Warming global temperatures are changing life on every continent on Earth, including Antarctica, where more microbes are moving in to territory previously covered by ice. How these microbes respond to warming offers us clues about what future Antarctica will look like and who will thrive there. Microbial ecologist and PhD candidate Alicia Purcell from the Center for Ecosystem… Read more
As Arctic tundra has warmed more than twice as fast as the rest of the planet in… Read more
If the fate of carbon is a test that planet Earth is taking right now, one of the answer keys is likely to be found in soil, where microorganisms—which account for nearly 15 percent of global biomass, by some estimates—eat, store and respire carbon and other nutrients. As Earth warms, how these microbes change the way they live will have potentially big consequences for where the carbon goes.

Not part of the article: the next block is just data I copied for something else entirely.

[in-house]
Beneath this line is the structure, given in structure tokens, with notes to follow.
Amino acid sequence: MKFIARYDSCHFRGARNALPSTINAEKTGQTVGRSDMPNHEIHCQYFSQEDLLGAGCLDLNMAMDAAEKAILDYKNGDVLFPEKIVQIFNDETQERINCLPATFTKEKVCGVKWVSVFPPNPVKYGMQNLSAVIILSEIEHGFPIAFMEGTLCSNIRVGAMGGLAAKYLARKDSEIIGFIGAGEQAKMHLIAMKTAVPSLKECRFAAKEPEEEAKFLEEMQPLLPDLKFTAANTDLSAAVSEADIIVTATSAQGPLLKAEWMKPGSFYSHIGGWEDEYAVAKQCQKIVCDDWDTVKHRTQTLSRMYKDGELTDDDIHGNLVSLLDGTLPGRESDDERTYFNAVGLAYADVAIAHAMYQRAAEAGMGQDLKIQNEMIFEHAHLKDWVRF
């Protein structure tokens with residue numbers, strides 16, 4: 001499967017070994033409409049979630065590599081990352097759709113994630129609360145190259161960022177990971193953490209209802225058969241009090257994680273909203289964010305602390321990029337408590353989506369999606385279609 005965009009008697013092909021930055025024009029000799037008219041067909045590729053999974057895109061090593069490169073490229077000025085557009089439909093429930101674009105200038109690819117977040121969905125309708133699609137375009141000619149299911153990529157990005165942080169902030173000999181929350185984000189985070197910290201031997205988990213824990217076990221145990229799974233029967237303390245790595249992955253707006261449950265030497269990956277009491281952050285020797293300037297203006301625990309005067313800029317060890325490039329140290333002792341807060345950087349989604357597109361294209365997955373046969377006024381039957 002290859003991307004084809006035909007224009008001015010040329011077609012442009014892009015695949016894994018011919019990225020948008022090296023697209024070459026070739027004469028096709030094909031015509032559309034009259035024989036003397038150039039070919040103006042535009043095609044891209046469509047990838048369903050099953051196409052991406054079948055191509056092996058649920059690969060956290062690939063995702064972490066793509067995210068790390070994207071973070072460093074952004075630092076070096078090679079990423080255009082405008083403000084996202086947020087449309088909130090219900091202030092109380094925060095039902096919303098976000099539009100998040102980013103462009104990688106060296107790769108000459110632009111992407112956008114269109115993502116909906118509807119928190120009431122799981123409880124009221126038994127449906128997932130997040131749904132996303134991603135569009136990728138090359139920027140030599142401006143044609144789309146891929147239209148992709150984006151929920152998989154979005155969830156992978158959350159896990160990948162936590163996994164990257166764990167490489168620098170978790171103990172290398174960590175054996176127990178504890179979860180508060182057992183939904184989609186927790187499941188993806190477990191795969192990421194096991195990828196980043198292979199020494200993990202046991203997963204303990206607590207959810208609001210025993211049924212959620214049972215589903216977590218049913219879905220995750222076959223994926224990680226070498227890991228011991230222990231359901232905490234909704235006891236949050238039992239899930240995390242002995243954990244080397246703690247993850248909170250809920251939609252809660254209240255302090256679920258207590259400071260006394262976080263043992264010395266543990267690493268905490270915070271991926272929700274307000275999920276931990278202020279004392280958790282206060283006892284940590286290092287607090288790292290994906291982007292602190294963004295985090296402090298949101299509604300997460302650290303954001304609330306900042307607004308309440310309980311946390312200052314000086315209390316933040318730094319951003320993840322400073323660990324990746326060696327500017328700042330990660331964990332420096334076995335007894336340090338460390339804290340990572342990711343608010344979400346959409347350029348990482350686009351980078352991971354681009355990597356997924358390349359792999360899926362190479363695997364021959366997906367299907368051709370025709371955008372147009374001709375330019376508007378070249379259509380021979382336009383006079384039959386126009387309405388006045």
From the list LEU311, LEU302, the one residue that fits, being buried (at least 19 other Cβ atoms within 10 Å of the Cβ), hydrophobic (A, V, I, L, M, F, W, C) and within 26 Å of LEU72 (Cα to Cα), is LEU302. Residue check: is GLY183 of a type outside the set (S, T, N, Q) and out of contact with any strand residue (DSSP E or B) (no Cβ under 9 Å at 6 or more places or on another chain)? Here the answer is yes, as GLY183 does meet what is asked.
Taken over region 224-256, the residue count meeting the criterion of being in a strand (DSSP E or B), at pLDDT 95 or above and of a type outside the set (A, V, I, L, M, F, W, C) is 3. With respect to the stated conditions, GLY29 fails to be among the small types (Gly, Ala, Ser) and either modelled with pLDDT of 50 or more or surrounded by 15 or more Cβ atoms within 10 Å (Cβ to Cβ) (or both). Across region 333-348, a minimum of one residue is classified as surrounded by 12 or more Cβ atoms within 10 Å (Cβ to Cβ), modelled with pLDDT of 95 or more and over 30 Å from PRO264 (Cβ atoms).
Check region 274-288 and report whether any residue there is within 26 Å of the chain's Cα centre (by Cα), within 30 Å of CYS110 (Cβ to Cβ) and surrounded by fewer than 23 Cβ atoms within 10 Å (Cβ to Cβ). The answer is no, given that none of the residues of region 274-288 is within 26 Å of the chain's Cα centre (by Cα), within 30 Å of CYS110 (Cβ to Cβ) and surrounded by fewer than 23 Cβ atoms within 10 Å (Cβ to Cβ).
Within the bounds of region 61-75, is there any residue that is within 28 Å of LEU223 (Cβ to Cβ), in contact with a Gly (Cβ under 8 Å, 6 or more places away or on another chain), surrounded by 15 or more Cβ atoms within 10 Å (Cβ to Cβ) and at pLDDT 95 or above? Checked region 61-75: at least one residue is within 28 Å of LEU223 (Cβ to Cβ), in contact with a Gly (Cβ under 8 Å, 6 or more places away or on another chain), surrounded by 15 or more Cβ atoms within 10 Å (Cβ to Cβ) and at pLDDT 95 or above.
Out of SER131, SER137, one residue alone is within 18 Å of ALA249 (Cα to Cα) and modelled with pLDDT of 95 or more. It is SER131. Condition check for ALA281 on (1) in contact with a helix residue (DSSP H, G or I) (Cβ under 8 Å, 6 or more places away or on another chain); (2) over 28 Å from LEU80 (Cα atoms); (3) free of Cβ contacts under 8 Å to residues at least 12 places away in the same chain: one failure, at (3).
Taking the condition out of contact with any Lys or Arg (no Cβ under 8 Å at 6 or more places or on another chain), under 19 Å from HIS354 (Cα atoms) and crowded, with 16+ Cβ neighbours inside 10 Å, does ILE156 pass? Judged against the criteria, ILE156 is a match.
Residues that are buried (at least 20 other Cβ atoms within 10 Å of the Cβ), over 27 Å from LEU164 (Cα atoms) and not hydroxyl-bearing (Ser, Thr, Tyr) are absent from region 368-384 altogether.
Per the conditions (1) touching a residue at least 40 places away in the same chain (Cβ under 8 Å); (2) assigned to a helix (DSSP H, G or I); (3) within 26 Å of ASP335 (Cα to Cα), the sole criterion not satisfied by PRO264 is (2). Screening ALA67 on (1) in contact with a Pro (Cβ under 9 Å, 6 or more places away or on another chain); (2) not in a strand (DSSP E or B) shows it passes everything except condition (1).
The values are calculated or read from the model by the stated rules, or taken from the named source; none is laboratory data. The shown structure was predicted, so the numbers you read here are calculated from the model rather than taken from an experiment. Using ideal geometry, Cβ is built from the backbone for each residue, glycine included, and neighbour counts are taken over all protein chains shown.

Now, a team led… Read more
Pools of old carbon in the soil of boreal forests historically safe from combustion are being released by more frequent and larger wildfires, a team led by researchers at Northern Arizona University announced in Nature this week. As the climate of these forests in the Northwest Territories of Canada becomes warmer and drier and prone to more frequent… Read more
The Earth’s atmosphere, oceans and biosphere are huge reservoirs of carbon, and all play a critical role in global carbon cycling. Soil is one of the largest carbon pools on the planet, storing more carbon than the atmosphere and biosphere combined, yet scientists aren’t sure what regulates carbon persistence—the amount of carbon that remains in the soil.
Scientists at the Lawrence Livermore National Laboratory (LLNL)… Read more
Snowmelt is a vital source of soil moisture in northern Arizona, but in overly dense forests where tree canopies merge, up to 60 percent of the snow never reaches the ground.